Your life matters
Last week, our little community was rocked by the apparent suicide of a 15-year-old Green Forest High School student. When we got the news, everyone at our office was heartbroken. Some of us wondered how this could happen. I didnít wonder about that at all.
I understand what causes tragedies like this. Iíve had first-hand experience with suicide, losing loved ones that way and seriously considering following in their footsteps years later. When your loved one commits suicide, itís easy to blame yourself. You think of all the things you could have done to prevent it. You hyper-analyze your last conversation with them. You close your eyes and wish it didnít happen, but the world still looks the same when you open them back up.
Itís emptier. Colder. You canít breathe or think. Getting out of bed is unbearable. You keep picking apart the past, hoping hindsight will reveal the signs you missed. Iím here to tell you itís not your fault. Those words seem empty, but theyíre true. Itís not your fault. You deserve to grieve without blaming yourself. Youíre going through the worst thing that could ever happen, and you need to know itís not your fault.
Thatís not to say itís your loved oneís fault. This is a situation where everything sucks, so itís natural to feel anger or guilt. You might feel both. I understand how uncomfortable those feelings are. It will take time ó a lot of it, from my experience ó to accept what has happened. Even then, youíll never stop missing the person you lost.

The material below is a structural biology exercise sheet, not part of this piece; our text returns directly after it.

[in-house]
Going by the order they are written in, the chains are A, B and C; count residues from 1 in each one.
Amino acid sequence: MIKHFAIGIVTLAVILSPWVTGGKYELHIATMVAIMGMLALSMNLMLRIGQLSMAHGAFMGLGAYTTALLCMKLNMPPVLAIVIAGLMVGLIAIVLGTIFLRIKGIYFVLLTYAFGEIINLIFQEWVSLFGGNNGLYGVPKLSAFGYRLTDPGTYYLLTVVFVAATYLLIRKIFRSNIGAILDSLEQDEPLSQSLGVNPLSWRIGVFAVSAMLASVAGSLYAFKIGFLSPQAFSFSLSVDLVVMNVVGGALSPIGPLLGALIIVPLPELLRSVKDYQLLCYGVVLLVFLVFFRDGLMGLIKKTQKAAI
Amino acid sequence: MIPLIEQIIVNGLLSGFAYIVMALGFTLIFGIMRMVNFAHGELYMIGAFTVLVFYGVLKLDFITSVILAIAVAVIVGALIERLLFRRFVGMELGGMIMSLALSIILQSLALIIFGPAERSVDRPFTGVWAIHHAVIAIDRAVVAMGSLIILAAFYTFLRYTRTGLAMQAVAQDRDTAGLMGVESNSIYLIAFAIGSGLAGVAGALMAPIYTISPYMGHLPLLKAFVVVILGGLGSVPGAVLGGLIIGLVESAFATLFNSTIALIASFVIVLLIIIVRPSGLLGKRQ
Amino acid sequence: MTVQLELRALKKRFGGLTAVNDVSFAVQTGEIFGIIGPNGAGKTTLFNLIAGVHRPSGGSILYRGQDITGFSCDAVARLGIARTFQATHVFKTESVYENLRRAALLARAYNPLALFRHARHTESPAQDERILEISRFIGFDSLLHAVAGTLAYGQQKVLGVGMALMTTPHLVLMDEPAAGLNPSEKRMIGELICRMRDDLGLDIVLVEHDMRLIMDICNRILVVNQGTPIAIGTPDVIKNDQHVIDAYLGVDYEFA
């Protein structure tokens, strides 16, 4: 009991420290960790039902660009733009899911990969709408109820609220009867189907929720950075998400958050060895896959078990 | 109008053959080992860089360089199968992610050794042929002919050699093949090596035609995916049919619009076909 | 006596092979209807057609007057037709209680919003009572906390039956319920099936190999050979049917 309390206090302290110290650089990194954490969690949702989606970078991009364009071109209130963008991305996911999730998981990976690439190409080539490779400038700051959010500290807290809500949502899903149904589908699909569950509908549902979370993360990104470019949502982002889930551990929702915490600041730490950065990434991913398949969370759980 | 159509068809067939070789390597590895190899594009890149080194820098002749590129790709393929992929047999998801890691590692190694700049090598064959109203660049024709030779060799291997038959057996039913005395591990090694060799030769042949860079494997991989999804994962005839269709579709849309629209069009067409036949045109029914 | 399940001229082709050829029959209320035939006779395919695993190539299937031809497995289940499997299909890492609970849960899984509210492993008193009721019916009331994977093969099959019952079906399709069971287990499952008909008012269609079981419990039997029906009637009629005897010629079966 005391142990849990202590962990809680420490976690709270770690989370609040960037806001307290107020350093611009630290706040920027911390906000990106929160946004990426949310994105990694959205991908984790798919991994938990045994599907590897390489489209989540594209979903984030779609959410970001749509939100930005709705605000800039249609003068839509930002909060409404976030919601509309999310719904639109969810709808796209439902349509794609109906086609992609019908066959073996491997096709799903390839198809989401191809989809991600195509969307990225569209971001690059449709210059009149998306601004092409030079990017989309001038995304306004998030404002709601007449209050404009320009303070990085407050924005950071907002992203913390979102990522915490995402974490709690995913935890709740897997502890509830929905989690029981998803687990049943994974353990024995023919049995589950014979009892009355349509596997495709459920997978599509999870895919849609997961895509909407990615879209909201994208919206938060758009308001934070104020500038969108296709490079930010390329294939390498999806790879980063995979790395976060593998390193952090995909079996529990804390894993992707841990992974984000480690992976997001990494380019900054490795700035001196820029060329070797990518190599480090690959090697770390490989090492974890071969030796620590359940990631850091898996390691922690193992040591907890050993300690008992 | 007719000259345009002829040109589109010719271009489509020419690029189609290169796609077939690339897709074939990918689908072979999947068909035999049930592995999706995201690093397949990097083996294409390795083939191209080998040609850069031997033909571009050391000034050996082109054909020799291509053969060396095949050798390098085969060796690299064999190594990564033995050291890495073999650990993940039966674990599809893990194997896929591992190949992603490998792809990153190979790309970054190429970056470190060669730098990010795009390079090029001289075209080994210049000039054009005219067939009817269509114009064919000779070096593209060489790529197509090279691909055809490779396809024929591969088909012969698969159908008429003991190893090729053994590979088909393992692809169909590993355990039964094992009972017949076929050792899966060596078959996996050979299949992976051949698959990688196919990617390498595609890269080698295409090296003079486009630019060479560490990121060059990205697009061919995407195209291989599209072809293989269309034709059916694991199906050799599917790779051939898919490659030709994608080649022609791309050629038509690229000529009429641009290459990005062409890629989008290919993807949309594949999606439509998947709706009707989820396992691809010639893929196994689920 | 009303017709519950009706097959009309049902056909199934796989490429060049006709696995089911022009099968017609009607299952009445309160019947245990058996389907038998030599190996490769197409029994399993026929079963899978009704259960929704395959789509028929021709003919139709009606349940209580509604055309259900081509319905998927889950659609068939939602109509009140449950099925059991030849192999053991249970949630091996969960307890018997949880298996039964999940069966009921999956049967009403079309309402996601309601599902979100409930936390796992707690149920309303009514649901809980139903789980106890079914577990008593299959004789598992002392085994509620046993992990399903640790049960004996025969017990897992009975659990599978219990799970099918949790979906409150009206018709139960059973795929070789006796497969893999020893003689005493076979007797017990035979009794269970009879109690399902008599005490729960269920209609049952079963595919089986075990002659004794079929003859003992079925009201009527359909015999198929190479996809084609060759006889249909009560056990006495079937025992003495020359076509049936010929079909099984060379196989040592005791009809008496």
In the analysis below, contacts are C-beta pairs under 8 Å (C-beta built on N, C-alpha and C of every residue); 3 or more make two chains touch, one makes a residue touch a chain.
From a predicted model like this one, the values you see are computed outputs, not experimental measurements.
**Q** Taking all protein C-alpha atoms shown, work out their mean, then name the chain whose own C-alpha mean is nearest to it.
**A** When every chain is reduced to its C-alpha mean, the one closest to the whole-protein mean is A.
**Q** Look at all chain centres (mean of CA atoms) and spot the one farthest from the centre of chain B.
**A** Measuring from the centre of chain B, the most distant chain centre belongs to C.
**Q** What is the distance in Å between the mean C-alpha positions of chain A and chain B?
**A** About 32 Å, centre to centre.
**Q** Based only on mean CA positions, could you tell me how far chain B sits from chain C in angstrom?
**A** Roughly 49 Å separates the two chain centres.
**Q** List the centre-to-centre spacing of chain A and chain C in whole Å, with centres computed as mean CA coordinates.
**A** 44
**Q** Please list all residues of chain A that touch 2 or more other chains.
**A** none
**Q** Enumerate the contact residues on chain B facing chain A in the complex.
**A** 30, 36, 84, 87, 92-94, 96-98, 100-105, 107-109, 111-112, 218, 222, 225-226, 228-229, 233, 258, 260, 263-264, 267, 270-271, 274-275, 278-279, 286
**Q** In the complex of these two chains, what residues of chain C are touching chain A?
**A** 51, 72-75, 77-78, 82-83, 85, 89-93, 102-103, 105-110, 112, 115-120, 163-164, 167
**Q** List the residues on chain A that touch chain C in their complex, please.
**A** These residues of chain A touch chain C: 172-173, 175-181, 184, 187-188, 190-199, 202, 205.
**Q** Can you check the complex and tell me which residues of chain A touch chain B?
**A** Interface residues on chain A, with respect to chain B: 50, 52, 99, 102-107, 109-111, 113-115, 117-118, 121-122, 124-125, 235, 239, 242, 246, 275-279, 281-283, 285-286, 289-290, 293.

Itís important to treat everyone with compassion, especially your loved one. People who commit suicide donít choose to do it because itís an easy way out. Itís not easy. I remember sitting in my room during my senior year of high school and feeling like everything was going wrong. I felt like I kept failing everyone around me. In that moment, I thought my family would be better off without me. I didnít think I mattered to anybody. I was wrong, but that doesnít mean those feelings werenít real.
Those feelings are hard to shake when youíre young and just starting to figure things out. Being a teenager is tough. Youíre expected to make very adult decisions about your future, sometimes without any idea of what you want to do, while juggling schoolwork, extra-curricular activities and your social life. The pressure is intense. It makes a small mistake feel like the end of the world.
But, I promise you, it is not the end of the world. To all the teens who are struggling, I hope you know your life is just beginning. The problems you have today are real and they matter. I would never downplay how you are feeling. I understand how difficult it is to just keep going sometimes, but you have family and friends and a future to look forward to. Donít give up on that. You matter. You matter to those who love you, and you matter to me.
For those of you who are having a hard time, the National Suicide Prevention Lifeline is a national network of local crisis centers that provides free and confidential emotional support to people in suicidal crisis or emotional distress 24 hours a day, seven days a week. The lifeline can be reached by calling 1-800-273-8255.
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Samantha Jones is associate editor for Carroll County Newspapers. Her email address is Citizen.Editor.Eureka@gmail.com